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Doctor Sleep (sequel to The Shining)

Sleepless · 10 · 673

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Sleepless

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on: June 14, 2019, 10:41:47 AM
So the trailer surprised me...

He held on. The dolphin and all the rest of its pod turned and swam out to sea, and still he held on. This is it, he thought. Then he remembered that they were air-breathers too. It was going to be all right.


Robyn

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Reply #1 on: June 14, 2019, 02:50:13 PM
Thought the thread title was a joke. What the hell...

Mike Flanagan has made some good things lately, but this looks bad.


eward

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Reply #2 on: June 14, 2019, 03:04:56 PM
King must be thrilled with the direction this took.
If I could move the night I would
And I would turn the world around if I could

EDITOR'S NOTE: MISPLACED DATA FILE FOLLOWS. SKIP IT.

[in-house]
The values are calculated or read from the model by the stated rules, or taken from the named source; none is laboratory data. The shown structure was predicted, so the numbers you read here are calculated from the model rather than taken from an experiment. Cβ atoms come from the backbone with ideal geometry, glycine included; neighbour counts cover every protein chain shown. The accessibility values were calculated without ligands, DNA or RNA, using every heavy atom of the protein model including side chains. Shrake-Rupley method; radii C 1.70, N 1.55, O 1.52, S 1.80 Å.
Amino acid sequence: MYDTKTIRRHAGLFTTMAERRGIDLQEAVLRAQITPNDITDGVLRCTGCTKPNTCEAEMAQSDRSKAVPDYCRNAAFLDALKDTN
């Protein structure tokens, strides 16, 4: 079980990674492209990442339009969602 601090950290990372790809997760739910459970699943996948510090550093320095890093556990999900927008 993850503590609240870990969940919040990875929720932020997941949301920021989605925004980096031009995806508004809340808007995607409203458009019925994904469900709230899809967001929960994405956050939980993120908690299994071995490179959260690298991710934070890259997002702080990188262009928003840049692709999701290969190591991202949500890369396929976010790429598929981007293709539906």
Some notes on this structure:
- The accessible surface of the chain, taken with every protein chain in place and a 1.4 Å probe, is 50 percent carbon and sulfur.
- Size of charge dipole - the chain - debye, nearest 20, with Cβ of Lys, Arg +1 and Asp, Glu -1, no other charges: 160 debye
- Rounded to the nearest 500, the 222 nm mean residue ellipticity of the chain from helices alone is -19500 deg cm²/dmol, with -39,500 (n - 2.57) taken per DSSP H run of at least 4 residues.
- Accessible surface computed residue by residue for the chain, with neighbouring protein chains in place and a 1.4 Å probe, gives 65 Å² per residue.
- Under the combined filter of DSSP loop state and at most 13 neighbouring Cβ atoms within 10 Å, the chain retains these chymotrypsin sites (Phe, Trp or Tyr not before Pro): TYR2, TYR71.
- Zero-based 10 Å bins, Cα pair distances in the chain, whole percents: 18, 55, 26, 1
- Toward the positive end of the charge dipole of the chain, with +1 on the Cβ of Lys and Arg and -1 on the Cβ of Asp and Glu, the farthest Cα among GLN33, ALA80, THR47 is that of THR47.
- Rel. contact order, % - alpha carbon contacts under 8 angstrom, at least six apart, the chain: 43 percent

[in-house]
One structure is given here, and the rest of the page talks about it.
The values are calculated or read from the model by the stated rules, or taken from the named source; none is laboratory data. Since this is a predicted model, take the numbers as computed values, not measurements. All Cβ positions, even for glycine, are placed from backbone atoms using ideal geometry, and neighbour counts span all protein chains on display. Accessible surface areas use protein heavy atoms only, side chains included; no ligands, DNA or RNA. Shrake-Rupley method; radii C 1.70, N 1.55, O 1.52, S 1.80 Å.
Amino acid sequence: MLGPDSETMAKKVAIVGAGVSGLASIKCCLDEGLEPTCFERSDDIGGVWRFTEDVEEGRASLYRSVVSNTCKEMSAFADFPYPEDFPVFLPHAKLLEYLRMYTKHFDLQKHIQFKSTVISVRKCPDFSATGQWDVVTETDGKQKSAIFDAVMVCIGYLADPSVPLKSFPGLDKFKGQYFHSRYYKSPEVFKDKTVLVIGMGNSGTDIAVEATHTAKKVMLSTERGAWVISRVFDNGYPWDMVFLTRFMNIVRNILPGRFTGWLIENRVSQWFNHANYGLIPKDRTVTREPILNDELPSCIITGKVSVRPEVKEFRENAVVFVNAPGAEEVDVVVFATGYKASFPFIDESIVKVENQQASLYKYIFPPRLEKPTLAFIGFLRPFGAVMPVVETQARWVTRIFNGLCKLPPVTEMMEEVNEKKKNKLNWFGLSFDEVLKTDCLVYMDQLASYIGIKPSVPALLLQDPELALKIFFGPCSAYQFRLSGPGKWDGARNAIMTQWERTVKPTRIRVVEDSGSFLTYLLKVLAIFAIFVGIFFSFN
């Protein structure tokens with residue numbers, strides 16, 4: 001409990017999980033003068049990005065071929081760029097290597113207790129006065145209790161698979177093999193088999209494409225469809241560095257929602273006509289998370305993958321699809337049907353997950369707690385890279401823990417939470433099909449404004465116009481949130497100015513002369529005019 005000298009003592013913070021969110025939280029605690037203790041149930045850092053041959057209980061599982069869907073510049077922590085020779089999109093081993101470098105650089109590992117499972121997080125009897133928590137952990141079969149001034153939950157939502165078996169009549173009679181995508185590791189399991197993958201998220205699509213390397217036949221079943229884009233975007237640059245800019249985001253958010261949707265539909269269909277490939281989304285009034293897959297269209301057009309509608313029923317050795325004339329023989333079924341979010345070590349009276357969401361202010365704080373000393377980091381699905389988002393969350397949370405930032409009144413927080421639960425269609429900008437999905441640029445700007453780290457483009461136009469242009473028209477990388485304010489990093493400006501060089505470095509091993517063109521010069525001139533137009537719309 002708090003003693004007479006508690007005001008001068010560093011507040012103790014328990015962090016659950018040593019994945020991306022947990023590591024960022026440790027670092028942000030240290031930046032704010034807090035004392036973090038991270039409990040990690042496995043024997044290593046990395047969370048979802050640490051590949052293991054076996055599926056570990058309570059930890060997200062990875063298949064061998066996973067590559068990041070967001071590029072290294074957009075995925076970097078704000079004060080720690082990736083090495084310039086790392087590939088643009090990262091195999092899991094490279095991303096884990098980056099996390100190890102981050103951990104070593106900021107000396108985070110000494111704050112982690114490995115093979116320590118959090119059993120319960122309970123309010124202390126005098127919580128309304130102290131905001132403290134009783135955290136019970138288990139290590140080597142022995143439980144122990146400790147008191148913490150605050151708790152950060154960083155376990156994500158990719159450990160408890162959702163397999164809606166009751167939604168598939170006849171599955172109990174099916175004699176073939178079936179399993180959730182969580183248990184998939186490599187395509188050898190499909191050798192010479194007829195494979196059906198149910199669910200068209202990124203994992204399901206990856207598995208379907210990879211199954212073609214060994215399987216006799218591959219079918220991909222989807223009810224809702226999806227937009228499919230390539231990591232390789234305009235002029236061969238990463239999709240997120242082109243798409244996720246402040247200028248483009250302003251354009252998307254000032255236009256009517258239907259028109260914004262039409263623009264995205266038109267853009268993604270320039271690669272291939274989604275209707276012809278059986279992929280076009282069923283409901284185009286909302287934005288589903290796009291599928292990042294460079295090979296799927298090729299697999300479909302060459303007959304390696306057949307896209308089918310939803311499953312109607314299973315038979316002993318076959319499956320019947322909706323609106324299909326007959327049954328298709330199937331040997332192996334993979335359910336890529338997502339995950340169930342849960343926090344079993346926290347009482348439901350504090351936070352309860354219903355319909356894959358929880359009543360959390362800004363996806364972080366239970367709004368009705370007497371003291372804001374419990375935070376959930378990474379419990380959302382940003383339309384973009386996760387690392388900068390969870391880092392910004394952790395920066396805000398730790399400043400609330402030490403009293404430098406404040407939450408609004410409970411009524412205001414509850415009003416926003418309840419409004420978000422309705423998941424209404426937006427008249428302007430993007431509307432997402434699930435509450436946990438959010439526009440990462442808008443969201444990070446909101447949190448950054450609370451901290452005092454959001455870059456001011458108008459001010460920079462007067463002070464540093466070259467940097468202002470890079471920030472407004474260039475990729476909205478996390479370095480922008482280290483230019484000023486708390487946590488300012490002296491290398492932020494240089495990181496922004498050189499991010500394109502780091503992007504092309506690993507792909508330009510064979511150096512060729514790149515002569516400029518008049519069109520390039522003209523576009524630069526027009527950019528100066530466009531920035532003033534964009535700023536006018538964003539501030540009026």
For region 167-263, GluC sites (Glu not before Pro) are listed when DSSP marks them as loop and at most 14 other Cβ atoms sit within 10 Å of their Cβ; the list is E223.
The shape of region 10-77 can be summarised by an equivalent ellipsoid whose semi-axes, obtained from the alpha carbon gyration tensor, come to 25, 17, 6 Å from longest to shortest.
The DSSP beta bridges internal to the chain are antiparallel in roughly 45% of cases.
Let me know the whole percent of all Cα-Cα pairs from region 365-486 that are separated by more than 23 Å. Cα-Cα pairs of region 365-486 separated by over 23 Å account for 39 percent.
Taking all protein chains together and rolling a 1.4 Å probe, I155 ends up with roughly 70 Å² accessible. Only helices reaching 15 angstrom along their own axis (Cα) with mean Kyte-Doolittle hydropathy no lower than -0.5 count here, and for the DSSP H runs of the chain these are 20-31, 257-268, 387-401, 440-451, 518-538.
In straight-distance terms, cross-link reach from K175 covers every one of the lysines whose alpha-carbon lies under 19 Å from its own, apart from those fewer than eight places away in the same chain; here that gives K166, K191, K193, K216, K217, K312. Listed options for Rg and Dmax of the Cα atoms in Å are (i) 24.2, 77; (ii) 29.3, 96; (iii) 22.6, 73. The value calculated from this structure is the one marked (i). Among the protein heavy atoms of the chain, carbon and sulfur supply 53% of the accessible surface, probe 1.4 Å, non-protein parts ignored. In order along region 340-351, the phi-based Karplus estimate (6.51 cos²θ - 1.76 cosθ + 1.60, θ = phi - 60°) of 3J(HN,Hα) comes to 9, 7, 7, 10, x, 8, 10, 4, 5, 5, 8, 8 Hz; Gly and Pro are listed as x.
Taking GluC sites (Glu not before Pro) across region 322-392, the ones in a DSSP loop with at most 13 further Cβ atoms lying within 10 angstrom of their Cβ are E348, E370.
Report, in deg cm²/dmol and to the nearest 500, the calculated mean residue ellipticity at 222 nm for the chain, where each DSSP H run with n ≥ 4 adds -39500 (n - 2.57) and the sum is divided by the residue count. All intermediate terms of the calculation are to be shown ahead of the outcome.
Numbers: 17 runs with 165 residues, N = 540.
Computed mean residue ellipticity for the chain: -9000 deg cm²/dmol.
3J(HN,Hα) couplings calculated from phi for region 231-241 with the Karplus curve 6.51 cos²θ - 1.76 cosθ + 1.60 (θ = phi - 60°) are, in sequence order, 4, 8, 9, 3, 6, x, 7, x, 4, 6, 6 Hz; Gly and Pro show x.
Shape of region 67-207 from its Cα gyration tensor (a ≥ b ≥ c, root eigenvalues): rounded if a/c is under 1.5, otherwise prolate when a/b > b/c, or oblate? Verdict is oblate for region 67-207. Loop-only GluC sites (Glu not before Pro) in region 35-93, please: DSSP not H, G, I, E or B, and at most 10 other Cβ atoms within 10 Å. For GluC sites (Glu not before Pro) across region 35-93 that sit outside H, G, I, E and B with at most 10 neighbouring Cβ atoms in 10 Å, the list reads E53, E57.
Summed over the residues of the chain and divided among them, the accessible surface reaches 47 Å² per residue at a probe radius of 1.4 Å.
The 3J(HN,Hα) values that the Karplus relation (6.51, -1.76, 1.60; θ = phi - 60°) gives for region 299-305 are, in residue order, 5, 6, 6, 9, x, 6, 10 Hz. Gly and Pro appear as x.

There's nothing wrong with loving something you can't hold in your hand
You're sitting on the edge of the bed, smoking and shaking your head
Well there's nothing wrong with loving things that cannot even stand
Well there goes your moony man
With his suitcase in his hand
Every road is lined with animals
That rise from their blood and walk
Well the moon won't get a wink of sleep
If I stay all night and talk


Robyn

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Reply #3 on: June 14, 2019, 03:30:48 PM
Oh, so Stephen King wrote the sequel? I knew that!

Spoiler: ShowHide
 :yabbse-sad:


Sleepless

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Reply #4 on: June 14, 2019, 04:21:27 PM
context.